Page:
EVOLUTION OF CHRONIC RECURRENT MULTIFOCAL OSTEITIS TOWARD SPONDYLARTHROPATHY OVER THE LONG TERM

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Abstract

Objective.

To retrospectively assess, with a sufficiently long followup (mean 11.6 years; median 9 years), the long-term outcome of chronic recurrent multifocal osteitis (CRMO), a multifocal, inflammatory bone disease.

Methods.

Patients included were 8 children/adolescents and 7 adults with no family history of rheumatic disease who had been diagnosed as having CRMO between 1979 and 1995. Ten patients had undergone at least 1 bone biopsy of the lesions, with histologic examination and multiple cultures. In 1996, in addition to an in-depth interview, 12 patients underwent an extensive physical examination, laboratory evaluation, HLA–A, B, C, and DR typing, bone radiography and scintigraphy, and computed tomography scan of the sternoclavicular and sacroiliac joints.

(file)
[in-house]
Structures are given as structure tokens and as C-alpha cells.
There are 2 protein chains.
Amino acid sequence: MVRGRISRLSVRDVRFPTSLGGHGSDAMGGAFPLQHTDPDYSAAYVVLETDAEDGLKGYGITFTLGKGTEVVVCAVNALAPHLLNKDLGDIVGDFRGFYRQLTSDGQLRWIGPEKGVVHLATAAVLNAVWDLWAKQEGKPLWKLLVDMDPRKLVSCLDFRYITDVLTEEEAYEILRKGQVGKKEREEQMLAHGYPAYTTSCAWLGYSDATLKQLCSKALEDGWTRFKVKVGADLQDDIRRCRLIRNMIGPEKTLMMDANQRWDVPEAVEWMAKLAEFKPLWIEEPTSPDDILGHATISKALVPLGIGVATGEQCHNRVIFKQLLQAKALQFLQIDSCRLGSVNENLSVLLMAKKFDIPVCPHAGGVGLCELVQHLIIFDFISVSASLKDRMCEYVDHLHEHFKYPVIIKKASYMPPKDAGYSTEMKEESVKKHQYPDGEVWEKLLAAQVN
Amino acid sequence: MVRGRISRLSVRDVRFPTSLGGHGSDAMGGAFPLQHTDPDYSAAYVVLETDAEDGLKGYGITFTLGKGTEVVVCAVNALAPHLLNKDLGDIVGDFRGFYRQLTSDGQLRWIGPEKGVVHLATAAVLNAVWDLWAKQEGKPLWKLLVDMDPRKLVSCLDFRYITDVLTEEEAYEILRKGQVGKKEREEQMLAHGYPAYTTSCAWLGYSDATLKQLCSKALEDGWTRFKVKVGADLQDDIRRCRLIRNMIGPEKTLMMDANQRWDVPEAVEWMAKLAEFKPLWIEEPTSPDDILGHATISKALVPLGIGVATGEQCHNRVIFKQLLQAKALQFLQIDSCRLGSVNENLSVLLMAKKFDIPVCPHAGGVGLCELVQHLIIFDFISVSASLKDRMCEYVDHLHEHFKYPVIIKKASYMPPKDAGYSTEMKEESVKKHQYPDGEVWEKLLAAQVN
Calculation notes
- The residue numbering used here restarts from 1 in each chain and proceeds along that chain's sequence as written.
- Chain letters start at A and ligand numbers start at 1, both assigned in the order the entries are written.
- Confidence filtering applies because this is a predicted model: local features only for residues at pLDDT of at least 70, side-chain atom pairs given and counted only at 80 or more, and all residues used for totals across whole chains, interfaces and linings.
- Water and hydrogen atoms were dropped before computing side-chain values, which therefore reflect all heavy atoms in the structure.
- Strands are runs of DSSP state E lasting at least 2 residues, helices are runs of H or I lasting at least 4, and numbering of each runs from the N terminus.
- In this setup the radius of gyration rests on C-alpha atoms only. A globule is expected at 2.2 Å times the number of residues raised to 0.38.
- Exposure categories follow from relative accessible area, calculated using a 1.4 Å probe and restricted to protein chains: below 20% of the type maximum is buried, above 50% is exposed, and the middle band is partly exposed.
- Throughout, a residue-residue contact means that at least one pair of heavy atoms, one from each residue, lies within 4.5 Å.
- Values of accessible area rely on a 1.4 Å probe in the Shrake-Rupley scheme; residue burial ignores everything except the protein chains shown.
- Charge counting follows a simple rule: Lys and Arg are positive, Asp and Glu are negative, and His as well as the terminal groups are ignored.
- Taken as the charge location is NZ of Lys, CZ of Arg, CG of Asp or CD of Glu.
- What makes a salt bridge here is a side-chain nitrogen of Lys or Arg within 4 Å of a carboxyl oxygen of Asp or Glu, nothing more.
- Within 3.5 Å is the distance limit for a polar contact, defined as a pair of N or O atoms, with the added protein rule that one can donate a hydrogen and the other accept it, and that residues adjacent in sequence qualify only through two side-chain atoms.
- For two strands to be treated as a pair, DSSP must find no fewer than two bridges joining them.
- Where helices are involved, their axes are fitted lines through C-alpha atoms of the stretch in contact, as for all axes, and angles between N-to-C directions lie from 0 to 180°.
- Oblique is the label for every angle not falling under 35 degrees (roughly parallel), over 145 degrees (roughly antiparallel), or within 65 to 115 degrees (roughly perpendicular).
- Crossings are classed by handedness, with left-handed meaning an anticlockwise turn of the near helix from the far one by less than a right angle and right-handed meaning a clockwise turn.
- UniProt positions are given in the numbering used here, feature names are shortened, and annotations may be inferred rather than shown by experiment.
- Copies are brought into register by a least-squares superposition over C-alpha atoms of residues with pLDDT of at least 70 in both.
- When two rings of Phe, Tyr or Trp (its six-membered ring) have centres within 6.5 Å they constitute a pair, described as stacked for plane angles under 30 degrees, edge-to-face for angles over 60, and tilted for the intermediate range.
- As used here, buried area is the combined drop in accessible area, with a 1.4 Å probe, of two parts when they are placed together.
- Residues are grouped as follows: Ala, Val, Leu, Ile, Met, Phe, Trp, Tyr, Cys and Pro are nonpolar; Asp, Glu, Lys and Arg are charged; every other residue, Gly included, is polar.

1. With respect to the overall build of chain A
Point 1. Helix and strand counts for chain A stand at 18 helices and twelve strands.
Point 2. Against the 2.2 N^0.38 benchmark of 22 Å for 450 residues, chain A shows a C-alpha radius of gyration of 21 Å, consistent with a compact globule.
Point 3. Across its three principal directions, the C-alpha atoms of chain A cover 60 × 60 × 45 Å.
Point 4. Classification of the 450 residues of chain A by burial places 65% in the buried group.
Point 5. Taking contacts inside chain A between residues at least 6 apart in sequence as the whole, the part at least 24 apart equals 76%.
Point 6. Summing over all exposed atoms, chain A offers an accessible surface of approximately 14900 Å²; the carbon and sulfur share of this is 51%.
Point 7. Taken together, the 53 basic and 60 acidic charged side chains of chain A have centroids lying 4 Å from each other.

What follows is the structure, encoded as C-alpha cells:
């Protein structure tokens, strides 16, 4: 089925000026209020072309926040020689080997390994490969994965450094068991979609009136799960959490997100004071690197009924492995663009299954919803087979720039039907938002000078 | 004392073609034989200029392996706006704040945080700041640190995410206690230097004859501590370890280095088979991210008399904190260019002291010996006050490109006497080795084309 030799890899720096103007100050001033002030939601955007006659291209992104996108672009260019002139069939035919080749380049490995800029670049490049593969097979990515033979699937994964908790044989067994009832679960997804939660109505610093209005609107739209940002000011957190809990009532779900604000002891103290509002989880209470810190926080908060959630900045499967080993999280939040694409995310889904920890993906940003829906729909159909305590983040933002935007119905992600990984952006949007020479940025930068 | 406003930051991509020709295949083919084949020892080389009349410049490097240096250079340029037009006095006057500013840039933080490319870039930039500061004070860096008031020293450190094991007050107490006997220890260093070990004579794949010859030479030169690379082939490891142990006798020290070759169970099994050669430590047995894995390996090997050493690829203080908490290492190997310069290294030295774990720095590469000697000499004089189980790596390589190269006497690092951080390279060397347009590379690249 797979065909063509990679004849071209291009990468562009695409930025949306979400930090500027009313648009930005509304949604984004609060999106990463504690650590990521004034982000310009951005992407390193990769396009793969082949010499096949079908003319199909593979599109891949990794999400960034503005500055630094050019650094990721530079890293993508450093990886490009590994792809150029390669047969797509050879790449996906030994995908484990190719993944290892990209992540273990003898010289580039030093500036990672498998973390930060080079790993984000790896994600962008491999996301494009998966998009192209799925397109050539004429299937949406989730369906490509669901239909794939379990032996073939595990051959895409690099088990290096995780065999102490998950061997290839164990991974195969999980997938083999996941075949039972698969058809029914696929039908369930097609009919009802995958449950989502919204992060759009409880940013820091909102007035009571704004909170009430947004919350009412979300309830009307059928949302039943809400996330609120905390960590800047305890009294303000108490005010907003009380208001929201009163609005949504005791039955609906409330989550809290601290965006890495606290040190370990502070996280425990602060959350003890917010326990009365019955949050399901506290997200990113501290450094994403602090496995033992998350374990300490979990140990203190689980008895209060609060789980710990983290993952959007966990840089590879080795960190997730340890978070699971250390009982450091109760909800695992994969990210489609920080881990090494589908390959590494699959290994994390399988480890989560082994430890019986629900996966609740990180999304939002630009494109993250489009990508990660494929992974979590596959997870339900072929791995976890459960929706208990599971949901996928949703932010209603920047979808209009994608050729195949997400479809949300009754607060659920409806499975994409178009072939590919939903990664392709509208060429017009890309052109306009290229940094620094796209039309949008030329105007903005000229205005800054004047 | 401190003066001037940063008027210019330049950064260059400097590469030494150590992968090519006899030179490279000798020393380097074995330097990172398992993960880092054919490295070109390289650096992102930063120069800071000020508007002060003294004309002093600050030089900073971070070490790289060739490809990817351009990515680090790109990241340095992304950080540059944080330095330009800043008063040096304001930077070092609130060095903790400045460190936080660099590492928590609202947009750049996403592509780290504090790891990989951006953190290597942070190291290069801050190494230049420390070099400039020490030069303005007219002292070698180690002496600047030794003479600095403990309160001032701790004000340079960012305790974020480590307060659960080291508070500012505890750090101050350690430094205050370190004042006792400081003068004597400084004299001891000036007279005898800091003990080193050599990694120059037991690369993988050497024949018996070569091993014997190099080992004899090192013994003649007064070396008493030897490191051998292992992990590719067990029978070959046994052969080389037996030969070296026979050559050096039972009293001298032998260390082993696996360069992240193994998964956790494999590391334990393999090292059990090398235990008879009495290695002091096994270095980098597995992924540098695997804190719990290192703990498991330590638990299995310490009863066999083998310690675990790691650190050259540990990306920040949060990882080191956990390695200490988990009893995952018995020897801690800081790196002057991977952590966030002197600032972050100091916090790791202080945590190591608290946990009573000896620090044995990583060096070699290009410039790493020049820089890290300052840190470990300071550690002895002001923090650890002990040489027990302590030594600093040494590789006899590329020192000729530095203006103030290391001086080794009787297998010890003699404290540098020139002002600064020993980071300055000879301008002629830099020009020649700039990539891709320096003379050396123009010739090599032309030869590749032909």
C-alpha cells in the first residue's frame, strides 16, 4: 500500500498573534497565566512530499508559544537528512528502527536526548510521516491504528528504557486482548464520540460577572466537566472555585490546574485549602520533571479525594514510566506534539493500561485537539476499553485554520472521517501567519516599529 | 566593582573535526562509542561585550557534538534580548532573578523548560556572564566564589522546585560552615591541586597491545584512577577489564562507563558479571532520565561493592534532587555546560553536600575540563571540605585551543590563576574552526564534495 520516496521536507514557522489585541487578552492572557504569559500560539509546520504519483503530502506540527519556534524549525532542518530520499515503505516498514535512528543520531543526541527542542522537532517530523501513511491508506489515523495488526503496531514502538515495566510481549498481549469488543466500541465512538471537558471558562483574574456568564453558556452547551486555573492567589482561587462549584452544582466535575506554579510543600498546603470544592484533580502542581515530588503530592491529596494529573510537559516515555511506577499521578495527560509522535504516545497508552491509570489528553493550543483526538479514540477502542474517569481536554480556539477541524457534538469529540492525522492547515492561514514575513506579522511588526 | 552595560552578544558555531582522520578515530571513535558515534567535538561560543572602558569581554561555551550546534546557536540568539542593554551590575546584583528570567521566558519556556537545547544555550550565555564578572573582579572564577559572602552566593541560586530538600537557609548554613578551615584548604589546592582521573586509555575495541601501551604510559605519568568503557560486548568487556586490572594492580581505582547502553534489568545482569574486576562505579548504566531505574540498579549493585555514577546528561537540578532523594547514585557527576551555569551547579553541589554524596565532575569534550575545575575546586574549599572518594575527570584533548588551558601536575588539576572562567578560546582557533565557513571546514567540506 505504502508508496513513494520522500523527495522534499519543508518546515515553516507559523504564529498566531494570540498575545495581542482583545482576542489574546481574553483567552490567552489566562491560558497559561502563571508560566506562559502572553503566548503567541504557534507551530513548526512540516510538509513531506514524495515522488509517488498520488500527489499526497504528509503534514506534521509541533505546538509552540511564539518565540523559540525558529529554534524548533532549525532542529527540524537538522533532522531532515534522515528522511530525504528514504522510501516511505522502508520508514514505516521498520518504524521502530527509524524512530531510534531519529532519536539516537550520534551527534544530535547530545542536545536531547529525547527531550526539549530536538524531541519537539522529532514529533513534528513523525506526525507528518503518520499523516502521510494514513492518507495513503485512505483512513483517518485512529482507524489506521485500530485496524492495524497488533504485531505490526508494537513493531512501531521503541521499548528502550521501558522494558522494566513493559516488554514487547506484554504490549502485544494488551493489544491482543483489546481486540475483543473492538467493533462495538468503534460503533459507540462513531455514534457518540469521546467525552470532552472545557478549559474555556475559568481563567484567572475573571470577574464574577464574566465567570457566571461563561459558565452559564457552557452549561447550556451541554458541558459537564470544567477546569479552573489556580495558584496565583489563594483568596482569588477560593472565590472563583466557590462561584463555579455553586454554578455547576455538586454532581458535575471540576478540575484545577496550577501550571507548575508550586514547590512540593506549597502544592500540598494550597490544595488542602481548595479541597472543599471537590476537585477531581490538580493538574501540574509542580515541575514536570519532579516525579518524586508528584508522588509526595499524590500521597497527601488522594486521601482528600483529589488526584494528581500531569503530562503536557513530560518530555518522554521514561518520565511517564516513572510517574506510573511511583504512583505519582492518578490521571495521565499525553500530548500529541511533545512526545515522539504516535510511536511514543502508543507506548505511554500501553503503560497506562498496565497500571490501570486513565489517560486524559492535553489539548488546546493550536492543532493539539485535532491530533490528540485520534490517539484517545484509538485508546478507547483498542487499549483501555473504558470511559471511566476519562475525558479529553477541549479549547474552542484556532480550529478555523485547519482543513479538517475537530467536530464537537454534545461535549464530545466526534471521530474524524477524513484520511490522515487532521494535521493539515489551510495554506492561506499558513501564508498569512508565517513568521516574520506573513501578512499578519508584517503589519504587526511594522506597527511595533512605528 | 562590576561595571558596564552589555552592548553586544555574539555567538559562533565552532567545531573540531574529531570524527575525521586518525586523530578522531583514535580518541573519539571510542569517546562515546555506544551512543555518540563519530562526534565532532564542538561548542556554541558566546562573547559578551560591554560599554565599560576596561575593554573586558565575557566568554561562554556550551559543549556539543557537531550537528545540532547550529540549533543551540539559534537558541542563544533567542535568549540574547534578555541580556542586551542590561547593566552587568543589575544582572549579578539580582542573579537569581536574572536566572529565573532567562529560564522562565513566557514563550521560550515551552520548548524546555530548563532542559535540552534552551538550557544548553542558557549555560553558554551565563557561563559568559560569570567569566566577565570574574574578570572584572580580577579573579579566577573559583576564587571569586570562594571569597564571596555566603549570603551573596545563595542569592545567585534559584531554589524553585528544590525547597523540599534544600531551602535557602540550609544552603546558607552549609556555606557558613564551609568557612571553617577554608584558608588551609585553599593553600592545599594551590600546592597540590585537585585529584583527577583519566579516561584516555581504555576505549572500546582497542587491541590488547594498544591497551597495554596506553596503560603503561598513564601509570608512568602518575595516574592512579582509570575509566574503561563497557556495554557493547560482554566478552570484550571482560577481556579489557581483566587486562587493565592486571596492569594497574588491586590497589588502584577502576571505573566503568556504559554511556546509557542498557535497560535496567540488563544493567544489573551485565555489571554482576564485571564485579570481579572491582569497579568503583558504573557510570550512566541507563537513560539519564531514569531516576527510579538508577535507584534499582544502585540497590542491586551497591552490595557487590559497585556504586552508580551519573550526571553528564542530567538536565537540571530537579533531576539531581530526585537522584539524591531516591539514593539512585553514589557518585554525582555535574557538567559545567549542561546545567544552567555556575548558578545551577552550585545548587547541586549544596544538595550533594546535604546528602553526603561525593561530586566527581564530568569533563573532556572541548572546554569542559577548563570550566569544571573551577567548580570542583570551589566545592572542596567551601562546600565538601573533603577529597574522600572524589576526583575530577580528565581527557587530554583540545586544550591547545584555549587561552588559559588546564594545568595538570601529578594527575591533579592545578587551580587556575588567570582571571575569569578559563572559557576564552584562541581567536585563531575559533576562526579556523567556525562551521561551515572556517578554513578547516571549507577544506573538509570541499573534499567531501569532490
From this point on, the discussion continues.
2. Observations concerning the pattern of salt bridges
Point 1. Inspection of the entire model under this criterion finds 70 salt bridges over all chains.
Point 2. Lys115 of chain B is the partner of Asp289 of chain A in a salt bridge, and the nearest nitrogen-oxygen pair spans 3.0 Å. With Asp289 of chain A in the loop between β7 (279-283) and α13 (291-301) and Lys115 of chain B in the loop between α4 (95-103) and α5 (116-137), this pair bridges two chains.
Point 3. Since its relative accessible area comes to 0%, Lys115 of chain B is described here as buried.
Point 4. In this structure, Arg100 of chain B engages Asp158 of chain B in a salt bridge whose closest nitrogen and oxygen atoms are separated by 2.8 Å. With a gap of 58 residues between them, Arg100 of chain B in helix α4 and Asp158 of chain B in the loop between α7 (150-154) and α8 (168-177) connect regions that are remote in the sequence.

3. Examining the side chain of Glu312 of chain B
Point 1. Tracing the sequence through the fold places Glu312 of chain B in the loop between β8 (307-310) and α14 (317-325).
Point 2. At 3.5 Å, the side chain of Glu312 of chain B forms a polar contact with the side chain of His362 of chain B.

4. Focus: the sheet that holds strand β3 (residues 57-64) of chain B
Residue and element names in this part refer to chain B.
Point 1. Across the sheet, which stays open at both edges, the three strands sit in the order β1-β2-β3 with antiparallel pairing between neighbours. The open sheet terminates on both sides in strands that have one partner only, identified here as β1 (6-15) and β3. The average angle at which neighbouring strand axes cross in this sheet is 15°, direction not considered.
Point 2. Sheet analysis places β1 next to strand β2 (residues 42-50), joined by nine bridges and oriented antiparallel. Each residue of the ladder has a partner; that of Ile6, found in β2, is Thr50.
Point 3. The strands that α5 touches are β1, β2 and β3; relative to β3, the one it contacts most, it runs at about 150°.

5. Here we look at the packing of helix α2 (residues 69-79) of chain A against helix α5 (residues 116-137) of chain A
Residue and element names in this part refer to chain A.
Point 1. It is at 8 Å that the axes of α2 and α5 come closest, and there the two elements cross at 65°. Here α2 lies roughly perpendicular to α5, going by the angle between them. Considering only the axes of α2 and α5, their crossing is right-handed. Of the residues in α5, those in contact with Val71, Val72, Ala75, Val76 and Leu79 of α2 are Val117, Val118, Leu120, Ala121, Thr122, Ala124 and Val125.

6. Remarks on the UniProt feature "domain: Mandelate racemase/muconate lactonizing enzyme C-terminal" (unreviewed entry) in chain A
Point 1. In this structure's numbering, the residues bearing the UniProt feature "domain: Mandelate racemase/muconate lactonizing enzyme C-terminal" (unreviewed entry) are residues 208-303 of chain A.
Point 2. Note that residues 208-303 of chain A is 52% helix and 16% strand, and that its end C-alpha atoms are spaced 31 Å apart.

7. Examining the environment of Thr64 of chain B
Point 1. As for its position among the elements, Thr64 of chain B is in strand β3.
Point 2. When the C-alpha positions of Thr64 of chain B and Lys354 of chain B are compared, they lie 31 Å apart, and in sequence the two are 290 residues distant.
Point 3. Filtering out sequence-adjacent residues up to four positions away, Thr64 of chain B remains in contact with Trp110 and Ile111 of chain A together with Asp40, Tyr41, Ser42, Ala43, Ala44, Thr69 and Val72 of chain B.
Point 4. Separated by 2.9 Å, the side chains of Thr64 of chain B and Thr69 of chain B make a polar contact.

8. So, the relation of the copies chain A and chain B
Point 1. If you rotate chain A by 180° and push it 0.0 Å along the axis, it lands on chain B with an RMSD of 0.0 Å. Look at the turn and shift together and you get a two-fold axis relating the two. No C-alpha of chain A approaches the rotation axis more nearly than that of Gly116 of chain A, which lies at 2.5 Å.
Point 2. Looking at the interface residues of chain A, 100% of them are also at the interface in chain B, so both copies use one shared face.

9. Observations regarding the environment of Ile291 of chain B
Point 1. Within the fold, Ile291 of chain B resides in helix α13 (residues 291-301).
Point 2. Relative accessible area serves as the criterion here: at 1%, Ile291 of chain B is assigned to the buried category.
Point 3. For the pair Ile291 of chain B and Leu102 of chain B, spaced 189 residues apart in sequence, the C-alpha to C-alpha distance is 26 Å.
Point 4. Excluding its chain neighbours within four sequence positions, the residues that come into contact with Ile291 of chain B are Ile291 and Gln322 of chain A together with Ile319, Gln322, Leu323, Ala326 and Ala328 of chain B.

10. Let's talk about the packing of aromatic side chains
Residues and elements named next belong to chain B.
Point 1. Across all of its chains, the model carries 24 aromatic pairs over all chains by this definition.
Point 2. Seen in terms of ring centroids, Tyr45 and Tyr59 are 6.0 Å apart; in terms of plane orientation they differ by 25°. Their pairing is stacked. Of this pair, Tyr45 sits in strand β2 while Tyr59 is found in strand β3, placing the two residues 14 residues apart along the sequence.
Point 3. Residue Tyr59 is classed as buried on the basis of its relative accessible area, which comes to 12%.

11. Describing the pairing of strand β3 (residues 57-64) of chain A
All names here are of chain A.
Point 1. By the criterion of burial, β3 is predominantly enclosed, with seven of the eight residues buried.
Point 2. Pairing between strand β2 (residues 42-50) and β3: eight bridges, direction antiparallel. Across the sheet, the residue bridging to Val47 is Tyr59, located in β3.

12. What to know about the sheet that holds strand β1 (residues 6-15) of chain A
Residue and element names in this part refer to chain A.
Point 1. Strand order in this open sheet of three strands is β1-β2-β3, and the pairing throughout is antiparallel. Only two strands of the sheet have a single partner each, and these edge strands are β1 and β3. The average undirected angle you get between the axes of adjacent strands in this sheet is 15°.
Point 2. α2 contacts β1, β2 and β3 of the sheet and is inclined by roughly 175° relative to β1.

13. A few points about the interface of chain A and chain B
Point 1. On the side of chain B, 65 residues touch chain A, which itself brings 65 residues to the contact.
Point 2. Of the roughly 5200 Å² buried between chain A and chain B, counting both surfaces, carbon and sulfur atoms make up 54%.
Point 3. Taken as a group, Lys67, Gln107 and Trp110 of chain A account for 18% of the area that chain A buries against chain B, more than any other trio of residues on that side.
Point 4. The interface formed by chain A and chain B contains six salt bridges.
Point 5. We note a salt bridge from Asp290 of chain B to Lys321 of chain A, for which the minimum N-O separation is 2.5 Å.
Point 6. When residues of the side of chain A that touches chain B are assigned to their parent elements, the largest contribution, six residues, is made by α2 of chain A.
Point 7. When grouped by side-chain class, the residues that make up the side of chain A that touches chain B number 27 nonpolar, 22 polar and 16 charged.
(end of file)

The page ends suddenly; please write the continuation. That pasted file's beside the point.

Results.

Remission was observed in 3 patients. The other 12 patients developed various associations of vertebral (n = 10), sacroiliac (n = 6), anterior thoracic (n = 7), peripheral articular (n = 2), enthesopathic (n = 4), or dermatologic (palmoplantar pustulosis in 3 cases and psoriasis in 2) involvements. Spine involvement was the most common and occurred the earliest (median time to appearance after the onset of osteitis 5.63 years). Clinical sacroiliitis was always unilateral. No patients carried the HLA–B27 haplotype. CRMO responded well to nonsteroidal antiinflammatory drugs. Twelve patients met the European Spondylarthropathy Study Group criteria for spondylarthopathy.

Conclusion.

After 10 years, CRMO had usually evolved to spondylarthropathy, but with certain features not usually seen in the latter: predominantly, unilateral sacroiliitis, no familial form, and no link with HLA–B27.

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